Urbis Think Tank
Research shows that conservative politicians and voters are the obstacle to urban development
Yesterday, Urbis highlighted an article in the Sydney Morning Herald by Tarsha Finney (Love thy neighbour. Gen Y embraces closeness of urban living) which advocated in favour of higher density urban living.
In that article, Finney described a conversation with Tony Abbott:
From his living room in Frenchs Forest, deep in the electorate of Manly, over a sociable and civilised glass of wine, he asked with genuine curiosity and confusion ‘But why do people want to live in the middle of cities’?
As it turns out, an American study last year by Paul Lewis and Mark Baldassare (The Complexity of Public Attitudes Toward Compact Development) found that:
Conservatives are significantly less inclined to favor compact development options than liberals and, to a lesser degree, moderates. Moreover, conservatives’ distaste for smart growth goes beyond a potentially interventionist policy (infill) to also include distinctive consumption preferences.
The research shows that Tony Abbott – the conservative politician – is indeed reflective of his conservative constituents; he likes his house on its own land, away from the centre of the city. In contrast, the researchers found that support for the compact development alternatives is significant, in some cases exceeding support for traditional, decentralized suburban patterns.
Why is there such a disagreement?
One finding from the study is that “question wording appears to matter considerably”. While planners, scholars and activists view mixed use, higher density, transit orientation, and infill as being part of a package, the layperson doesn’t see them as closely linked to one another.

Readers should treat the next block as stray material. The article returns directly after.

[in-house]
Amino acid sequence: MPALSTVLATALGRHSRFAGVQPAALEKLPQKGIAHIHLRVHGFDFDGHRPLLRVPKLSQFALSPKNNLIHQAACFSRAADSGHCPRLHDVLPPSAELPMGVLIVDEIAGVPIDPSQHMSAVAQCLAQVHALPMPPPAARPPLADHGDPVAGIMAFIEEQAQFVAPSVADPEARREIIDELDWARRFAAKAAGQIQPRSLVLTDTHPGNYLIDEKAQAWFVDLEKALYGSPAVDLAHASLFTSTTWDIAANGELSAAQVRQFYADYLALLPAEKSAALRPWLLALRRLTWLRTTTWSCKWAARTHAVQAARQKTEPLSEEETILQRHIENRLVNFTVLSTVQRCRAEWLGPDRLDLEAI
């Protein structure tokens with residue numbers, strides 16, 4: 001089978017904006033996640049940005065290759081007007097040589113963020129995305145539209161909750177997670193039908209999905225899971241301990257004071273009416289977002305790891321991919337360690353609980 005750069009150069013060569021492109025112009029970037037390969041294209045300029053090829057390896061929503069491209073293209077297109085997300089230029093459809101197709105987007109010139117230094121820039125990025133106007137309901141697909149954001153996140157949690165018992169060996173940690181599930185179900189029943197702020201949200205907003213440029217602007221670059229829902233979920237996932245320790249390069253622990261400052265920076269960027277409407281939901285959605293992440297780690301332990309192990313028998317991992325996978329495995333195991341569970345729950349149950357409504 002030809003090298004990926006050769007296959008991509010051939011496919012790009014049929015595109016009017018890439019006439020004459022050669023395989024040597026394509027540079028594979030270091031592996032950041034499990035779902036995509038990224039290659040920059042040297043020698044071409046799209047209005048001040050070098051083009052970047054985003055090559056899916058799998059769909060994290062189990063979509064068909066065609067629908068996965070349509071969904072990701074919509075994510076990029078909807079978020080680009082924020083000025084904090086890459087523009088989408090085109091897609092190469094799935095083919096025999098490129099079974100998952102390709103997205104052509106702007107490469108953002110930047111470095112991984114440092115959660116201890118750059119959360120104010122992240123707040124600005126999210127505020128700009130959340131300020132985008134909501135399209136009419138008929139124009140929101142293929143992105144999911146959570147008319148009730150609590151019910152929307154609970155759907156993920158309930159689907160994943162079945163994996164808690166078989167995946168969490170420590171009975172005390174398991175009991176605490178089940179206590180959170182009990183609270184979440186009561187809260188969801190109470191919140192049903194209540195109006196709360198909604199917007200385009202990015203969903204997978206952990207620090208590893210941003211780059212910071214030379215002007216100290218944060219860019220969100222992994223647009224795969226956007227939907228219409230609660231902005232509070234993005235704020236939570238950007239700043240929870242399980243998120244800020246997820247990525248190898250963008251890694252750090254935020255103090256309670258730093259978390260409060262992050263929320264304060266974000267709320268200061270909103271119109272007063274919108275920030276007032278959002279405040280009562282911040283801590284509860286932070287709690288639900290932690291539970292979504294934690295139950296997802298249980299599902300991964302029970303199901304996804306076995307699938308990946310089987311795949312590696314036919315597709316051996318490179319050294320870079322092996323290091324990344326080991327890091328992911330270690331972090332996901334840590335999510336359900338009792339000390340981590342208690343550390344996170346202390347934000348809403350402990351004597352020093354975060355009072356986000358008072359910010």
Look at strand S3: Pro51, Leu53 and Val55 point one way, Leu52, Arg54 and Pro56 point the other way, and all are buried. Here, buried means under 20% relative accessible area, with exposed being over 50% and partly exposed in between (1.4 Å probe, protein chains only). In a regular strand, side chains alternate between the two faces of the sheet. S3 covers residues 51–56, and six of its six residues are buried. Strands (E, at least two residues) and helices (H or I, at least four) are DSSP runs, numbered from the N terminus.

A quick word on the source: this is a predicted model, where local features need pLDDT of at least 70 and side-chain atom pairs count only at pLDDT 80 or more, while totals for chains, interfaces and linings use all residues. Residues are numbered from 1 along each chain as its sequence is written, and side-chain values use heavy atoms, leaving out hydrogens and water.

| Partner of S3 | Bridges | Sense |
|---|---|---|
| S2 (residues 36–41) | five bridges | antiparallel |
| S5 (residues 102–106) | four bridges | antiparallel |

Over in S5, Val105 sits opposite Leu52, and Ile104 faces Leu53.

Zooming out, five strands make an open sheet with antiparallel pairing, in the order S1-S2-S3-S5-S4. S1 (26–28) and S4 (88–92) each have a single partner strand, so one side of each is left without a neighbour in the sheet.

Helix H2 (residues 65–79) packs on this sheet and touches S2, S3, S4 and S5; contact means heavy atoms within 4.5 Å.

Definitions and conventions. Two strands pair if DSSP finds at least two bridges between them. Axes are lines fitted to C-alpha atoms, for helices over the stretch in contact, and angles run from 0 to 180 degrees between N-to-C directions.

As a result, “advocates of land use reforms will still have to do a substantial amount of education if they wish to reshape mass opinion toward what they (but not the general public) view as a coherent cluster of neighborhood characteristics and policy proposals.”
Another recommendation is that “Proponents of smart growth might expand their potential base of support by attempting to reframe the issue.” For example, “advocates might appeal to more economically conservative Americans by highlighting the marketability of infill projects.”
Finally, the authors offer a sobering thought:
In many metropolitan areas, housing and neighborhood options for those who prefer compact development will likely continue to be quite limited by past choices, especially if lenders and local land use regulators create obstacles for compact development.
We know that without the banks and the Councils on board, compact urban development will continue to be challenging. This research simply proves it.
Written by Mark Solonsch Senior Research Manager